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The Problem of the Establishment

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posted on Feb, 9 2016 @ 09:28 PM
I haven't been about much later but I did stop in earilier today and commented on one thread (one that was promoting misinformation) and almost commented on another about a candidates 'establishment' ties. Looking to comment on both these threads and their intersection lead me to this very informative, factual and concise article by Thom Hartmann on the origins of the establishment - anti-establishment battle.

Now, I consider Thom Hartmann a moderate leftist, he isn't an anti-capitalist of any type. What he is is a brilliant mind with wide interests and an encyclopedic memory for facts especially historic ones. While he doesn't notate his blogs with citations if you've ever listened to his radio program or seen his cable TV show or read one of his books (on a wide range of subjects) you will know that his arguments are wholly supported by facts. In his writing, he addresses the common arguments that are used to rebut his points before necessary and according to how I was taught to write persuasively (the dark ages) is the correct way to present your thesis. He is a polite but meticulous interviewer. I find his character and values based on sound and universal principles.

Mr. Hartmann wrote this article upon the unfolding of this recent campaign event:

With all the flak that Hillary Clinton has been getting about being too close to Wall Street, she's been quick to point out that Bernie Sanders voted for the Commodity Futures Modernization Act in 2000.

And it sounds really bad for Bernie Sanders and his campaign's promise to reign in Wall Street excesses, especially because he frequently cites his voting record as evidence of his good judgment.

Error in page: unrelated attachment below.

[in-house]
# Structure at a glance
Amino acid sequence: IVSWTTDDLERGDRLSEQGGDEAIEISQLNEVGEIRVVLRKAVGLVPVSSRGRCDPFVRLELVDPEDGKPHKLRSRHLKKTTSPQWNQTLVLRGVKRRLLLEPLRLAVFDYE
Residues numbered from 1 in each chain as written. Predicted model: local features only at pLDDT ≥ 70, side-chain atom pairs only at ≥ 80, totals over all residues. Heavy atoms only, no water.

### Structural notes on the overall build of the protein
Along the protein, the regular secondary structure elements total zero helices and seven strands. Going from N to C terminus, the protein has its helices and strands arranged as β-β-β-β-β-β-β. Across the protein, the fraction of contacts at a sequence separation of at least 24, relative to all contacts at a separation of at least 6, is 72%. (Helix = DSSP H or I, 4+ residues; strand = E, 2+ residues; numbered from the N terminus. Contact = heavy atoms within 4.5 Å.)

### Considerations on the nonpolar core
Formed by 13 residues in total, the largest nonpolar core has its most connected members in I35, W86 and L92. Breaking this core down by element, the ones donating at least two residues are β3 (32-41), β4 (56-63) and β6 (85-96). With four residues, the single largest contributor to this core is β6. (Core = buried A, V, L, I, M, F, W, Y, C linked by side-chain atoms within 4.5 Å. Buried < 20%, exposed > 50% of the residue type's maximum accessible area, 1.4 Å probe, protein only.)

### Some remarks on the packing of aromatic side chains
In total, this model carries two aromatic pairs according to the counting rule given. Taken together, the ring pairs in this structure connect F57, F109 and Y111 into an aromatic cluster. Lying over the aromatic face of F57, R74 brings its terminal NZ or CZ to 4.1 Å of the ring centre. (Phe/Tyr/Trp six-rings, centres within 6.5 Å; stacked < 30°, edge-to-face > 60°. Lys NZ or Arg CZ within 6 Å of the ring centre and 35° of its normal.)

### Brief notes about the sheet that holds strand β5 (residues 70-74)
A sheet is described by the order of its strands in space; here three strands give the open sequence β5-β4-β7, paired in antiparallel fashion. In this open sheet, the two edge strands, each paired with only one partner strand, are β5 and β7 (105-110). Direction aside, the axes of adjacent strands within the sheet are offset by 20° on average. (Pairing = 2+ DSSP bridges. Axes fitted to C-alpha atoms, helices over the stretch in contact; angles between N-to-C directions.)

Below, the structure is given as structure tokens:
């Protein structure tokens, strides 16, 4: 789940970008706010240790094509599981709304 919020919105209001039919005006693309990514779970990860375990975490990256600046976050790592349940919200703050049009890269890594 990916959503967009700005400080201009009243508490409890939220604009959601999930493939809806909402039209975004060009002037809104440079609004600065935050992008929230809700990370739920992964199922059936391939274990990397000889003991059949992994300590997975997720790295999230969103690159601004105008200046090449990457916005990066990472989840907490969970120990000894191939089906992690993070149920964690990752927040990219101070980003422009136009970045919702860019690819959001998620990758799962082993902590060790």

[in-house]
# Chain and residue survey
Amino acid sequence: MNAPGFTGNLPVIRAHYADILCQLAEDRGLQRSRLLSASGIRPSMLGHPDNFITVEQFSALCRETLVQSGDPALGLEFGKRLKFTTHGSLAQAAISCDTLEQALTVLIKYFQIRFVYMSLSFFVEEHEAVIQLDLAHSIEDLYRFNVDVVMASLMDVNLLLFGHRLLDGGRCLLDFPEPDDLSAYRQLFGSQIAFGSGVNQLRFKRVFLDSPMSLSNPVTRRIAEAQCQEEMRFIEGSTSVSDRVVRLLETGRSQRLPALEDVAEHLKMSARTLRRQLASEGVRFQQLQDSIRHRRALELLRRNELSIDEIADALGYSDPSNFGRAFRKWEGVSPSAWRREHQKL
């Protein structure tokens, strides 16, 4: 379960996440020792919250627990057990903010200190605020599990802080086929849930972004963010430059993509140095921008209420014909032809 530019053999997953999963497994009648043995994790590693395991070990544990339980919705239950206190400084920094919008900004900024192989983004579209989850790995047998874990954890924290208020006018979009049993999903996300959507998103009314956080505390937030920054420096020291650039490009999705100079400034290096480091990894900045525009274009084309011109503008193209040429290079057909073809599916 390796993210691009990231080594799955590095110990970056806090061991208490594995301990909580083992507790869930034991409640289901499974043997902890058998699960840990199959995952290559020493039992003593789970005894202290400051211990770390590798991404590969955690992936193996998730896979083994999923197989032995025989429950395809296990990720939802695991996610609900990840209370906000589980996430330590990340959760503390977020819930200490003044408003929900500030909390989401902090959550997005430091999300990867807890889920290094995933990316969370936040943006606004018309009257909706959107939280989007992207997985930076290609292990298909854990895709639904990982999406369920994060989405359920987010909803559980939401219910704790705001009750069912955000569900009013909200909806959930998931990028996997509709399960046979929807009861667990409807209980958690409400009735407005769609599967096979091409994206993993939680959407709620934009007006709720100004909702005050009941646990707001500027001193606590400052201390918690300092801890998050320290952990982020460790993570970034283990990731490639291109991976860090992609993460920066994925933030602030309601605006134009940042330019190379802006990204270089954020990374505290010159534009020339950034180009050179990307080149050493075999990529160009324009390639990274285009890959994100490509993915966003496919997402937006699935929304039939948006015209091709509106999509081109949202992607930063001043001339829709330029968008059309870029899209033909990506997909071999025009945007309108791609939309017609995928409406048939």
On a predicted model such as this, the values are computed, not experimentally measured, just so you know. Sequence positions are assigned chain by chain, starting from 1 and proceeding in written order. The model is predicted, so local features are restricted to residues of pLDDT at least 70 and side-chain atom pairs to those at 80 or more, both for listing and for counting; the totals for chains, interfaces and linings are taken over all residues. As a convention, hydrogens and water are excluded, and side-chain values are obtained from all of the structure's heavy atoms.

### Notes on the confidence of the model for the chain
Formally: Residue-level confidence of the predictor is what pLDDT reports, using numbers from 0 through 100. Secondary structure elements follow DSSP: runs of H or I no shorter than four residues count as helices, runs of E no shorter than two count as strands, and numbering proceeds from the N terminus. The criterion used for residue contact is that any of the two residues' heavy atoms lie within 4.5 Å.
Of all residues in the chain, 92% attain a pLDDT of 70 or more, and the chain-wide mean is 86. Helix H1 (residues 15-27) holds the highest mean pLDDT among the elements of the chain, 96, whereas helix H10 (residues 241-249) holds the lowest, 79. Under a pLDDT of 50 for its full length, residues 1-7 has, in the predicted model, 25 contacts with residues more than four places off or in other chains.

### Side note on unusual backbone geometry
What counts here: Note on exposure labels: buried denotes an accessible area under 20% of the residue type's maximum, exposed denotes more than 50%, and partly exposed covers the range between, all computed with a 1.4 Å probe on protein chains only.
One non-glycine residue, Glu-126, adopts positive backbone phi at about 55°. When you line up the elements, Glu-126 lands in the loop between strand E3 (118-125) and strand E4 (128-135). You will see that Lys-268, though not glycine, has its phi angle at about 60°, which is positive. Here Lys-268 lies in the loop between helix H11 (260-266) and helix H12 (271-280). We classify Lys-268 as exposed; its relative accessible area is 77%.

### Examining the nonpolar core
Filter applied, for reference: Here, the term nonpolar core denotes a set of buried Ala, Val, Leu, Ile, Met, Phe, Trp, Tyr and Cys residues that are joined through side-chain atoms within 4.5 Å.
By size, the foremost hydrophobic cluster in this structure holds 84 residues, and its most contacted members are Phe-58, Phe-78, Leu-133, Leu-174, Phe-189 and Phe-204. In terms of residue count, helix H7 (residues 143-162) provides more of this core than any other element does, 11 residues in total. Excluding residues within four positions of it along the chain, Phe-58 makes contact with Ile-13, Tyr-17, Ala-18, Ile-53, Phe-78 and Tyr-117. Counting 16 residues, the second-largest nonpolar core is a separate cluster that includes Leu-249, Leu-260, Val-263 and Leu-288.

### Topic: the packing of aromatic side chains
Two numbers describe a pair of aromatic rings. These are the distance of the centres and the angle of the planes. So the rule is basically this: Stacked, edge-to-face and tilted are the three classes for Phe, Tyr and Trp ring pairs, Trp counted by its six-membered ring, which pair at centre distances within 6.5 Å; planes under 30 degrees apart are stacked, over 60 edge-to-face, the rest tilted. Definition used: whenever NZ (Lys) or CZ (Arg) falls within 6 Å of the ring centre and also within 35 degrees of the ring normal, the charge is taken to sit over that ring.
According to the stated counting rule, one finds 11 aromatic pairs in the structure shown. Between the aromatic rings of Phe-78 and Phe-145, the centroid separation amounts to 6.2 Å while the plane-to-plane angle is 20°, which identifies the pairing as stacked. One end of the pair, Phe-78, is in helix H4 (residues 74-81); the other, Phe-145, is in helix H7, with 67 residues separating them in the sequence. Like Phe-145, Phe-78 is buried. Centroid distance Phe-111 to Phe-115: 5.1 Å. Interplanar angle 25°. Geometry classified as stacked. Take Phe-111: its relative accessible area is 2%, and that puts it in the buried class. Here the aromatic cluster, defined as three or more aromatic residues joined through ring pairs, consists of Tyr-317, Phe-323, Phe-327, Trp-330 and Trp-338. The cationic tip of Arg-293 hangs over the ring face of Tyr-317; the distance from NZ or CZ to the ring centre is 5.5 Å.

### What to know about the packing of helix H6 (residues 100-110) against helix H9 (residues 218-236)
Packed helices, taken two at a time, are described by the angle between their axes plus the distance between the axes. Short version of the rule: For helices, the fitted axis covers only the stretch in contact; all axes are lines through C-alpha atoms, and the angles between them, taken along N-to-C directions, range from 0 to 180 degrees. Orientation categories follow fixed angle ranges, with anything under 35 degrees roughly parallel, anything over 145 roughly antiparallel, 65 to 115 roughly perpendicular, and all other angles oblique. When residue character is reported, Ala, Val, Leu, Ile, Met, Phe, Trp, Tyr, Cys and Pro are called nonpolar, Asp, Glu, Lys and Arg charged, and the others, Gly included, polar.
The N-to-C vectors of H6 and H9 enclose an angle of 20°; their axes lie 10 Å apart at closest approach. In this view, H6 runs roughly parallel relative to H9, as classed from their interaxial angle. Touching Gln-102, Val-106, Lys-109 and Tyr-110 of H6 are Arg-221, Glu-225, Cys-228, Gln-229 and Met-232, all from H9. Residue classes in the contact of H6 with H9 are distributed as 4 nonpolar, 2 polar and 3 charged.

But what Clinton described isn't quite the whole story, and the whole story reveals a lot about Hillary Clinton's connections to the establishment.

As Alan Pyke pointed out over at ThinkProgress: the Commodity Futures Modernization Act was a modified version of an earlier bill that Bernie had voted for in the House of Representatives.

The earlier version that Sanders had voted for would have left room for regulators to go after fraudulent uses of derivatives, but it couldn't pass the Senate.

Then, while the nation was distracted in 2000 by the recount between George W. Bush and Al Gore; Phil Gramm, Richard Ewing, and a group of Clinton White House advisers worked out a "compromise" that made it nearly impossible to regulate futures and derivatives trading.

The establishment/anti-establishment rethoric was in order to give the 'Washington Outsider" issue historial context and inform on it's Federalist/Anti-Frederalist roots:

ust to be clear, this fight between "Establishment politicians" and "Anti-establishment politicians" is nothing new in American politics.

In fact, it's a fight that's literally as old as the country itself, going all the way back to Thomas Jefferson and his Anti-Federalists fighting with the Federalists, led by John Adams.

The fight basically came down to Thomas Jefferson arguing that "We, The People" should control our own destiny, and John Adams arguing that the "rabble" could not be trusted to govern ourselves."

Jefferson wrote to Francis Hopkinson and explicitly laid out what he saw as the shortcomings of the Constitution on March 13, 1789: